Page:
Failing Heart Cells Revived With Gene Therapy
DURHAM, N.C. -- Using a type of "molecular CPR," researchers
at Duke University Medical Center have revived failing rabbit
heart cells using the common cold virus genetically engineered
to carry a human gene that restores normal pumping action.
Just as doctors use a defibrillator to restore a heart beat
to patients whose heart muscle has lost a regular beat, Duke
researchers have used genes known to regulate heart muscle
contraction to revive flagging heart cells in laboratory vials.
The successful gene therapy experiments point to a potential
new drug target for treatment of heart failure in people.
The researchers, led by Walter Koch, an assistant professor
of experimental surgery, report in the Oct. 28 issue of the
Proceedings of the National Academy of Sciences that this new
research suggests that DNA-based therapies can reverse heart
failure in animals. The research was supported by grants from
the National Institutes of Health and a National Research
Duke heart surgeons and molecular biologists including Dr.
Shahab Akhter, the paper's first author, Christine Skaer, Dr.
Alan Kypson, Patricia McDonald, Karsten Peppel, Dr. Donald
Glower and Dr. Robert Lefkowitz, a Howard Hughes Medical
Institute investigator, are teaming up to treat congestive
heart failure with gene therapy, insertion of genes into heart
cells to repair damaged heart muscle.
In congestive heart failure, the heart muscle loses it
ability to stretch and contract, usually due to clogged
arteries caused by coronary artery disease. People with
congestive heart failure often experience fatigue, weakness,
and inability to carry out routine daily tasks.
According to the American Heart Association, about 400,000
new cases are recorded every year in the United States. Death
rates from heart failure tripled between 1974 and 1994, making
congestive heart failure the leading cause of hospitalization
among people 65 and older and costing more than $10 billion a
In heart failure, the pumping chambers often do not
completely fill with blood between strokes, causing poor
circulation that deprives organs of adequate oxygen and
The body responds to the stress on the heart by releasing
the hormone norepinephrine, the "fight-or-flight" hormone that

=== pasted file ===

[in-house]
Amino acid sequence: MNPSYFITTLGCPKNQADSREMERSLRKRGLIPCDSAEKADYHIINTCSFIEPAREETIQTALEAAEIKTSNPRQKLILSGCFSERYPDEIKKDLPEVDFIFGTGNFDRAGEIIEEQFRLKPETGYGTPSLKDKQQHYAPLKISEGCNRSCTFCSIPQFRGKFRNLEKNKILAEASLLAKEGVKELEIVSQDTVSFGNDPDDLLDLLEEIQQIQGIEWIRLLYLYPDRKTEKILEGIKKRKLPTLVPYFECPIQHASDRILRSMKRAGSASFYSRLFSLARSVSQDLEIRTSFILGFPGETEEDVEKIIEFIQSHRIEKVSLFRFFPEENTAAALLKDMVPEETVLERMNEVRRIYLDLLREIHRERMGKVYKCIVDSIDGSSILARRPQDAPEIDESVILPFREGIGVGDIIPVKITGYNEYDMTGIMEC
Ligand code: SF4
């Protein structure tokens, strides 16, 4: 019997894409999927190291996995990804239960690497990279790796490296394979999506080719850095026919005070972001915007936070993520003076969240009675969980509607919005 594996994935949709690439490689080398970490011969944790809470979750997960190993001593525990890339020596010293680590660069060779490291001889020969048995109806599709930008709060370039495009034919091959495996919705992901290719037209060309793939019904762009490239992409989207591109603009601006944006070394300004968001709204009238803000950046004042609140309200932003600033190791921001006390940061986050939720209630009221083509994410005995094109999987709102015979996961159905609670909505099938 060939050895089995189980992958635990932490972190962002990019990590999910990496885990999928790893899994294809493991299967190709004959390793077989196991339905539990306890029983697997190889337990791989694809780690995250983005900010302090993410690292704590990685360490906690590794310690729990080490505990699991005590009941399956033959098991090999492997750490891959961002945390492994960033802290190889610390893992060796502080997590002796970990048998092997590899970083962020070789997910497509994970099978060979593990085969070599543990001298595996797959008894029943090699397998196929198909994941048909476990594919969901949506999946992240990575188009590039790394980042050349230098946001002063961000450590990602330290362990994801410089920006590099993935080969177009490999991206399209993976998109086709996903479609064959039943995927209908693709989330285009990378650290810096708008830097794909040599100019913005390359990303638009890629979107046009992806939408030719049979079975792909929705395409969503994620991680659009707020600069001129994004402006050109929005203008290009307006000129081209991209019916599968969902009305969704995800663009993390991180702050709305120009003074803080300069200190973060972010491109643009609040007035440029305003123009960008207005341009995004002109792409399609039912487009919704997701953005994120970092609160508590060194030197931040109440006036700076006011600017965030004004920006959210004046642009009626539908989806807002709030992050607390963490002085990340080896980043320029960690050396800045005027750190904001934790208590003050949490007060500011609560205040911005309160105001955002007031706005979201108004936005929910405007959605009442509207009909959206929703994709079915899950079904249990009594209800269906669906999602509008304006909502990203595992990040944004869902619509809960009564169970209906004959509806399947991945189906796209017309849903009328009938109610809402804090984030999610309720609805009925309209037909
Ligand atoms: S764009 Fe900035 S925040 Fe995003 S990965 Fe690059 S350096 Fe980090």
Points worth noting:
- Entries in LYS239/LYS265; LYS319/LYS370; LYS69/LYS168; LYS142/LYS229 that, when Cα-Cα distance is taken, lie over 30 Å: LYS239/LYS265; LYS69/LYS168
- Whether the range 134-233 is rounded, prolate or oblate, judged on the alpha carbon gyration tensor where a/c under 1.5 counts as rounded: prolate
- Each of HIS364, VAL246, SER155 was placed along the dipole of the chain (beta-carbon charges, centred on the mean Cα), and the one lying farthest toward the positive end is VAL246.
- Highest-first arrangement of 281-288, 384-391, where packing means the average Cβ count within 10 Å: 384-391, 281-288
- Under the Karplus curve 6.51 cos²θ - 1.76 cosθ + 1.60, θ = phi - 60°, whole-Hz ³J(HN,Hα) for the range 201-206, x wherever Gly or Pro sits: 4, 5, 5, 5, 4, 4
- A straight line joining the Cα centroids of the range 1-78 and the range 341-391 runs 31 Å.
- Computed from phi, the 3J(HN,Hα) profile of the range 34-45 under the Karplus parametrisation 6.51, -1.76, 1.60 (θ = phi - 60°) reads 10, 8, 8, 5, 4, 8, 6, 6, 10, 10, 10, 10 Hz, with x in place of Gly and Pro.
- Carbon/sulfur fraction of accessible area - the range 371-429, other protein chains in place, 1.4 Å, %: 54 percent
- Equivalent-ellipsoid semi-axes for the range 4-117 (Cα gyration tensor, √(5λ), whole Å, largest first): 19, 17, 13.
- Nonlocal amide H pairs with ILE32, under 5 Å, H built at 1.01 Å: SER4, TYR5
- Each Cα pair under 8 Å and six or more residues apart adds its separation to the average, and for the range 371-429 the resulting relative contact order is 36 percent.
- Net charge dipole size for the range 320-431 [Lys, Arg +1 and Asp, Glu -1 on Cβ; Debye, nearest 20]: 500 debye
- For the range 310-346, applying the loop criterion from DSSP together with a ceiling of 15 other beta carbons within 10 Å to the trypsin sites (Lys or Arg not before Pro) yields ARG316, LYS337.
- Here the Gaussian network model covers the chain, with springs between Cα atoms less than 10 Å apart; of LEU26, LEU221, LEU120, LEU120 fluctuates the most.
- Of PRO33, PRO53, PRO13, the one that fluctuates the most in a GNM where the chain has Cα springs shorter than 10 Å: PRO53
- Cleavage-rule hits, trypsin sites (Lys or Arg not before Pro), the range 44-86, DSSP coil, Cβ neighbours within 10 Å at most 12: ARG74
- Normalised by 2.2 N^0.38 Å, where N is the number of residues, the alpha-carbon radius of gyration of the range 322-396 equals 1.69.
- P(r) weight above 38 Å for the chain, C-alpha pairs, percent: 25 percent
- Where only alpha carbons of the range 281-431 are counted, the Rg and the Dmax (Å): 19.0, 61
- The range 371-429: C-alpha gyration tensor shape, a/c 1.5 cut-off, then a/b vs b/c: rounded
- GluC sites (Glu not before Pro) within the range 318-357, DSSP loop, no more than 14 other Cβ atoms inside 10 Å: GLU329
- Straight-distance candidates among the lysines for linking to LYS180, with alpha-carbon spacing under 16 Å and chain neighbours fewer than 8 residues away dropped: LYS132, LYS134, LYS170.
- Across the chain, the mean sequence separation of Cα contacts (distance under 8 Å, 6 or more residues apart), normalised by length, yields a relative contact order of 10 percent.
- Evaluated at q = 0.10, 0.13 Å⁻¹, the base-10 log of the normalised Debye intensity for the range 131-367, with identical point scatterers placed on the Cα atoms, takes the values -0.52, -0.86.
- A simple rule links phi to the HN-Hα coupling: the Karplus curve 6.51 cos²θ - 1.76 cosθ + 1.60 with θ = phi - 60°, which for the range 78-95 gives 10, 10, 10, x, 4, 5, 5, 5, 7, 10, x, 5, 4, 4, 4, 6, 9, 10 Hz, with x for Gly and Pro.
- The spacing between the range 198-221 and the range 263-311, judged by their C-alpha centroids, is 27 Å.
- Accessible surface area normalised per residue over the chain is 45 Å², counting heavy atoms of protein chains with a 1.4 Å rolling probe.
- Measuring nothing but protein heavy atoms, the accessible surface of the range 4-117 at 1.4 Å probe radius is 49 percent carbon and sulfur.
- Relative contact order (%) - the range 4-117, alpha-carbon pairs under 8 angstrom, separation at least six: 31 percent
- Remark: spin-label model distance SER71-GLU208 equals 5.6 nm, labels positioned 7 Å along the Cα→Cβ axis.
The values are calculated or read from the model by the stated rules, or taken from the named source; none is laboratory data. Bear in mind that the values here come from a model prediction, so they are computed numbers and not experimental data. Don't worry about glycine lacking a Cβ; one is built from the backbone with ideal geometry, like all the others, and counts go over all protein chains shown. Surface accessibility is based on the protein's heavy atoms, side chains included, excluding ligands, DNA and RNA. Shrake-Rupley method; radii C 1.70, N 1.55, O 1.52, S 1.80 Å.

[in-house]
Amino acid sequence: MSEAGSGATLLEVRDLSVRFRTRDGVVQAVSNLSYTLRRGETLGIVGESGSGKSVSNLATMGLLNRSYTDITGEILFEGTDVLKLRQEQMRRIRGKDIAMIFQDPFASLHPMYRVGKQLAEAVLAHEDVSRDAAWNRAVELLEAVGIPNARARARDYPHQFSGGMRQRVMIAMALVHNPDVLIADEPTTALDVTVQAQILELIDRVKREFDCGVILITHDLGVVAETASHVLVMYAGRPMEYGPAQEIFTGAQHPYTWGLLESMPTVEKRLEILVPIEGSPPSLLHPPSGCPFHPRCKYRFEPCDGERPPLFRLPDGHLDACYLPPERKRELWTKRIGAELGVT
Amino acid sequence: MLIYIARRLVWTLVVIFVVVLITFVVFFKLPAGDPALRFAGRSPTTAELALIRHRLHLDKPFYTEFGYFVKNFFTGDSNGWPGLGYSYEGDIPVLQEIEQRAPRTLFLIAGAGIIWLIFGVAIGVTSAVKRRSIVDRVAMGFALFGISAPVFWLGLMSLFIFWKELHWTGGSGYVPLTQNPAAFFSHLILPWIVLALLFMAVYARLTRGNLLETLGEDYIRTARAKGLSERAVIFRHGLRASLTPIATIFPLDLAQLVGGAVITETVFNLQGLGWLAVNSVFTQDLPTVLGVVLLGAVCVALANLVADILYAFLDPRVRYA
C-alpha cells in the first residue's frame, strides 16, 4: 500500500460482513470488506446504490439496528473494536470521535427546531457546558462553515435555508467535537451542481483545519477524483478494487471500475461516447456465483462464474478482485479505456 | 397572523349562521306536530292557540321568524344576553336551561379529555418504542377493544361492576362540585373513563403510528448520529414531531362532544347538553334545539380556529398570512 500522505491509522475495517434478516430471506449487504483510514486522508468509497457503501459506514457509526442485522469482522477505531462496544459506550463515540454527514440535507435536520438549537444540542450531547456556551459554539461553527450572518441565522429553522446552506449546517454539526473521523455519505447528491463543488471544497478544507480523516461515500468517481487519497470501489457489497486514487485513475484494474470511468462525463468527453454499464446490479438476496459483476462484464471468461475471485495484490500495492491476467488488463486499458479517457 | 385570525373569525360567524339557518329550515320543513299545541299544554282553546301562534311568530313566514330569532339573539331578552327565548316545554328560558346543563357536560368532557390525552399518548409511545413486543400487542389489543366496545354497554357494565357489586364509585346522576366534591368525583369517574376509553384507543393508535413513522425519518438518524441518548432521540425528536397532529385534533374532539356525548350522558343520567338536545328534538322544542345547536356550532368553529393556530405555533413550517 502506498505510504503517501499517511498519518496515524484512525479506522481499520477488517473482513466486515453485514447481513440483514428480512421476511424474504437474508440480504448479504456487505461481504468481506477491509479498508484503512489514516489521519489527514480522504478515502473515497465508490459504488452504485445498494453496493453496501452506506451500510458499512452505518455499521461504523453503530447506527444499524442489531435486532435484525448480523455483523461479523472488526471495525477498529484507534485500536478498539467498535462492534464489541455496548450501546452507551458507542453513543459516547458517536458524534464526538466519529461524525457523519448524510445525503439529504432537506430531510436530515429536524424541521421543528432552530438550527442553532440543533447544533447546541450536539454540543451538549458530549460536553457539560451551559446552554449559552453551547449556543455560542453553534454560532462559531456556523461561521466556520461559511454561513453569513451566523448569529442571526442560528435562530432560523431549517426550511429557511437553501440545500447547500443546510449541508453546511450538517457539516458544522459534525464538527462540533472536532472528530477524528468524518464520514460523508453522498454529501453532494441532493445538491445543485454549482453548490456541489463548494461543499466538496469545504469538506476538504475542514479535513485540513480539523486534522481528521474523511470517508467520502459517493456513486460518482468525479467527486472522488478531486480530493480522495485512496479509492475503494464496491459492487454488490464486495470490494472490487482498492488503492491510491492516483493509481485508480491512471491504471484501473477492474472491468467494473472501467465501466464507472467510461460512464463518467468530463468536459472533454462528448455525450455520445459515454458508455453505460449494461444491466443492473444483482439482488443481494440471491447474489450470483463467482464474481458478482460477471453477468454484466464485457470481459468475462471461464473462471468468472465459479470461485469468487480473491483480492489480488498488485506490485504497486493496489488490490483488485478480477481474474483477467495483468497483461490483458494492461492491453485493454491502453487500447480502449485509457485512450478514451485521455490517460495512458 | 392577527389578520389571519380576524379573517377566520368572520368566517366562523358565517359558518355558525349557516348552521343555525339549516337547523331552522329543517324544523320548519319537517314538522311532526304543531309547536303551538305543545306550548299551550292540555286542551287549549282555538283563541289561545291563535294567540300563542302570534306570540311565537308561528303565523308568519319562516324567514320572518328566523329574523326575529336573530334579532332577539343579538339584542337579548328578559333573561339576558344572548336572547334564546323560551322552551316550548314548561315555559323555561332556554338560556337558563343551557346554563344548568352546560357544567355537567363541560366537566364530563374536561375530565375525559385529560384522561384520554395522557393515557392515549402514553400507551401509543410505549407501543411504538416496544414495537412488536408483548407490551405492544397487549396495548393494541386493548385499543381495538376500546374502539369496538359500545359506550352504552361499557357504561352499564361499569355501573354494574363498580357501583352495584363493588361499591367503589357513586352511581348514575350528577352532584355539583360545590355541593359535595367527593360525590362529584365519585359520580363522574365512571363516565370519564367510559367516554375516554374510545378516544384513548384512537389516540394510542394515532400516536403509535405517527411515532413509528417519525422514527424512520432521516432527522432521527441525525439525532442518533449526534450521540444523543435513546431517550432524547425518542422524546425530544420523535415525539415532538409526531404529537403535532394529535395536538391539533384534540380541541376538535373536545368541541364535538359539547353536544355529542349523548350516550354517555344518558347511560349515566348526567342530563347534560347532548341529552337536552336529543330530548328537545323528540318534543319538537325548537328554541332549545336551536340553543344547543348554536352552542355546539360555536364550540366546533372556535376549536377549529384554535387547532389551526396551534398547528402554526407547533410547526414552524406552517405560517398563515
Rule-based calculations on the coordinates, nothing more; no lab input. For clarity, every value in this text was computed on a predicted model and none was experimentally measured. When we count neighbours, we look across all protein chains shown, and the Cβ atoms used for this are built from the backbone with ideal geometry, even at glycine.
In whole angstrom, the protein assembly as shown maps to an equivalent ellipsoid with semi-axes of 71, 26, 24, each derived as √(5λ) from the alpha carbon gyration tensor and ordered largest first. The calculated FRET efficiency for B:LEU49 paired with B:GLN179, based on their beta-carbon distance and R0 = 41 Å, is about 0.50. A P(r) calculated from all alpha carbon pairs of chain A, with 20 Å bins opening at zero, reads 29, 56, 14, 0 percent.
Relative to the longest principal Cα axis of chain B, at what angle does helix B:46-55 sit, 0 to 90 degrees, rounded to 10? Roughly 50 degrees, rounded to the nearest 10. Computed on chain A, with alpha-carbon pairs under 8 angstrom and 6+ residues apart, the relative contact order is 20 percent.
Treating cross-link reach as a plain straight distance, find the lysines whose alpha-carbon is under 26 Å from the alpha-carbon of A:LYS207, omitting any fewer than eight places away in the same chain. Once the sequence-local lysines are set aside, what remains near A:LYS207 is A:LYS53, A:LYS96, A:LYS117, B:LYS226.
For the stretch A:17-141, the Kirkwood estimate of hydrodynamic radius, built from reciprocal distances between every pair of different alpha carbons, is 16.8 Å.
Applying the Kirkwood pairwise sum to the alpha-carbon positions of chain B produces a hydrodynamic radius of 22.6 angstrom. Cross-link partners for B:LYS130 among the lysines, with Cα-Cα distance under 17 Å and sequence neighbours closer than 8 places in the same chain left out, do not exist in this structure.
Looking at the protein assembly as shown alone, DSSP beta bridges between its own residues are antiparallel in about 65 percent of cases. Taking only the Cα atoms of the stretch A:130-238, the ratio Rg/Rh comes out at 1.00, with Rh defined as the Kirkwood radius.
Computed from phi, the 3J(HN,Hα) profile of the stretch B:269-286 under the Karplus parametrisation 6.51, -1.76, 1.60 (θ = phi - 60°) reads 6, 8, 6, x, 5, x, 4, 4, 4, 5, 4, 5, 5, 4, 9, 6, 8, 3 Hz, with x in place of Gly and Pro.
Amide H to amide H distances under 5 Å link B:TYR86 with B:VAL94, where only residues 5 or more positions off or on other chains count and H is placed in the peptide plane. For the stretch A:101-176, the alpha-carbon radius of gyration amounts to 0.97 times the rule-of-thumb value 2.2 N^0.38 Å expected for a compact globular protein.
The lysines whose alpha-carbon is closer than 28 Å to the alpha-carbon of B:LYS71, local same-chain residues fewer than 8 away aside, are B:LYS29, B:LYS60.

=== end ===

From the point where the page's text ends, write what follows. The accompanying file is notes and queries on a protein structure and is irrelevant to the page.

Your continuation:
the body normally uses to prepare itself to handle a perceived
threat. The brain releases norepinephrine directly into the
heart, causing it to work up to five times harder than normal.
Norepinephrine binds to beta adrenergic receptors (ßARs)
present on heart cells. This stimulation initially allows the
heart to increase the power of its contractions, but in heart
failure it quickly becomes self-defeating: the receptors become
desensitized, meaning they no longer are able to respond to
hormone stimulation. Lefkowitz, Koch and their colleagues have
shown that this desensitization is accomplished by a second
molecule called ß-adrenergic receptor kinase (ßARK), which in
healthy hearts helps restore heart contractions to normal after
Koch reasoned that blocking ARK might boost heart function.
In a June 2, 1995, issue of the journal Science, he described a
mouse model in which he introduced a protein inhibitor of ARK
into transgenic mouse hearts. The inhibitor actually competed
with the normal ARK in heart cells, diluting its effect. The
result was a transgenic mouse that had significantly enhanced
pumping action and was very sensitive to the hormones that
increase heart rate and contraction.
"These studies in transgenic mice were critical in
identifying potential gene therapy targets," said Koch.
The researchers used the results of the mouse studies to
design their latest gene therapy experiments in rabbits. They
used a rabbit model of heart failure to test two strategies:
increasing the number of ARs and inhibiting ARK.
"First we showed that the rabbit model of heart disease
mimics human heart disease biochemically. For instance, levels
of ARK were significantly elevated," Koch said. "Then we
proceeded to insert the gene to attempt to correct the
The researchers inserted a gene that encodes the ARK
inhibitor into an adenovirus, the same virus that causes the
common cold. When Koch and his colleagues allowed the virus to
infect rabbit heart cells, the ARK inhibitor competed with the
elevated ARK in failing heart cells, diluting its effect and
restoring heart function.
"This is the first study to demonstrate definitively that
gene transfer can rescue failing heart cells by restoring beta
adrenergic function," said Koch.
In a second study, he and his colleagues inserted the gene
for a ßAR into the cold virus and repeated the experiment. The
additional receptors also boosted heart function.
In previous experiments, they used a balloon catheter
similar to the ones used in opening blocked arteries in people
to inject the virus into the coronary arteries, the arteries
that feed the heart, in live rabbits. Using this method Koch
and his colleagues demonstrated that they could get genes into
heart muscle and that the heart cells made the appropriate
protein product. They also found that, unfortunately, the cells
only make the protein product for a short time.
The researchers are continuing experiments with a new
generation of gene transfer agents such as the cold virus. But,
he said, better gene therapy vectors need to be developed
before gene therapy for heart failure becomes practical.